Stress has been defined as a state in which an animal "is required to make abnormal or extreme adjustments in its physiology or behaviour in order to cope with adverse aspects of its environment and management". The most common stressors for horses are transport, exercise, lameness, and environmental temperature and humidity changes. Considerable interindividual animal variation occurs in the endocrine response observed subsequent to exposure to these stressors, particularly transport and lameness, and indicates considerable variation in individual animals' psychological responses to stress. Resting, exercise, and recovery heart rates have also been shown to be useful indicators of fatigue or lameness. Both exercise and transport have been demonstrated to have considerable effects on pulmonary defence mechanisms and other immunological functions.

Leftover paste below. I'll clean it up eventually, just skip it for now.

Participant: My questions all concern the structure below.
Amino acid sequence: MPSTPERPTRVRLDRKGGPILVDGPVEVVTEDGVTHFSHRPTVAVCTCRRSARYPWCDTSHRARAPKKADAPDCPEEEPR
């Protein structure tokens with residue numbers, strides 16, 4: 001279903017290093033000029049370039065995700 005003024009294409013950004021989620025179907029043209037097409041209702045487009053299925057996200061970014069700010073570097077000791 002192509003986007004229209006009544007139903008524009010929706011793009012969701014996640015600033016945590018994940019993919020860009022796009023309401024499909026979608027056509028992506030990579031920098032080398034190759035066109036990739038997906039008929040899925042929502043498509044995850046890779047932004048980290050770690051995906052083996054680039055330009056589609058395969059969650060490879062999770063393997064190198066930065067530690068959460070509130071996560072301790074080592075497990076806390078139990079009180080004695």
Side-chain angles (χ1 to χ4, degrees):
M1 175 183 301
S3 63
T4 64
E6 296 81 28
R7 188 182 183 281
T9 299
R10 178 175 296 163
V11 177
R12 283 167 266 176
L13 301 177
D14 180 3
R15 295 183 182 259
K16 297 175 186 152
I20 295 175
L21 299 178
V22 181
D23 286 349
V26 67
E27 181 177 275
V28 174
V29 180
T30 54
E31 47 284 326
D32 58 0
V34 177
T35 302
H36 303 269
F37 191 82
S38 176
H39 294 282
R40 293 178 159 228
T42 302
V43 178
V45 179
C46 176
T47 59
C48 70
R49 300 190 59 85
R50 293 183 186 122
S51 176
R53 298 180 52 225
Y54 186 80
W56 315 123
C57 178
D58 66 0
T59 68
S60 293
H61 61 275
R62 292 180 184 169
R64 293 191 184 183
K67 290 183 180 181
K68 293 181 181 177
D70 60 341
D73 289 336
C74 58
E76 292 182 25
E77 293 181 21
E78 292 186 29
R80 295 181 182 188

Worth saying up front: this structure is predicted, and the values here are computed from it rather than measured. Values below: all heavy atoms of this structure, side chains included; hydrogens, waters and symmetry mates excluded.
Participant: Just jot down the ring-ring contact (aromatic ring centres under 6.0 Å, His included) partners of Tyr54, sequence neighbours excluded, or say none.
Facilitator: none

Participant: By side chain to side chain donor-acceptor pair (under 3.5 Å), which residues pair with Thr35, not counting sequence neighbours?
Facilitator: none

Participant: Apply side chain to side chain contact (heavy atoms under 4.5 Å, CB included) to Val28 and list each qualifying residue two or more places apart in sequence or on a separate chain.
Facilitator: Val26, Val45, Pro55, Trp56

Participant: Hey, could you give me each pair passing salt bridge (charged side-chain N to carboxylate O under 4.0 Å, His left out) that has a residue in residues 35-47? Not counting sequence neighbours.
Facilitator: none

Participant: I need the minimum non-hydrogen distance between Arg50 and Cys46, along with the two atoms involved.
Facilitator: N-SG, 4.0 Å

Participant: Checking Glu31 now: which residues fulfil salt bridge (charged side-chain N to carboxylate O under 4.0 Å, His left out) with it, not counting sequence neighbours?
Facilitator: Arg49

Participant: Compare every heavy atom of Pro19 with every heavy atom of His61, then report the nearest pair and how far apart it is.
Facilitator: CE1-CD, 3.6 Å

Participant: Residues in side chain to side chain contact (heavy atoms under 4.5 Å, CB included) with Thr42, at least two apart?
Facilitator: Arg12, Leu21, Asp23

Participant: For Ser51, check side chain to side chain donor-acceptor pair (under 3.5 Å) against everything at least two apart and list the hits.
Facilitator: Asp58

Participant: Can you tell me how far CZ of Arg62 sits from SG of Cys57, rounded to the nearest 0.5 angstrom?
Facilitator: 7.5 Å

|Original language||English (US)|
|Number of pages||4|
|State||Published - 1996|
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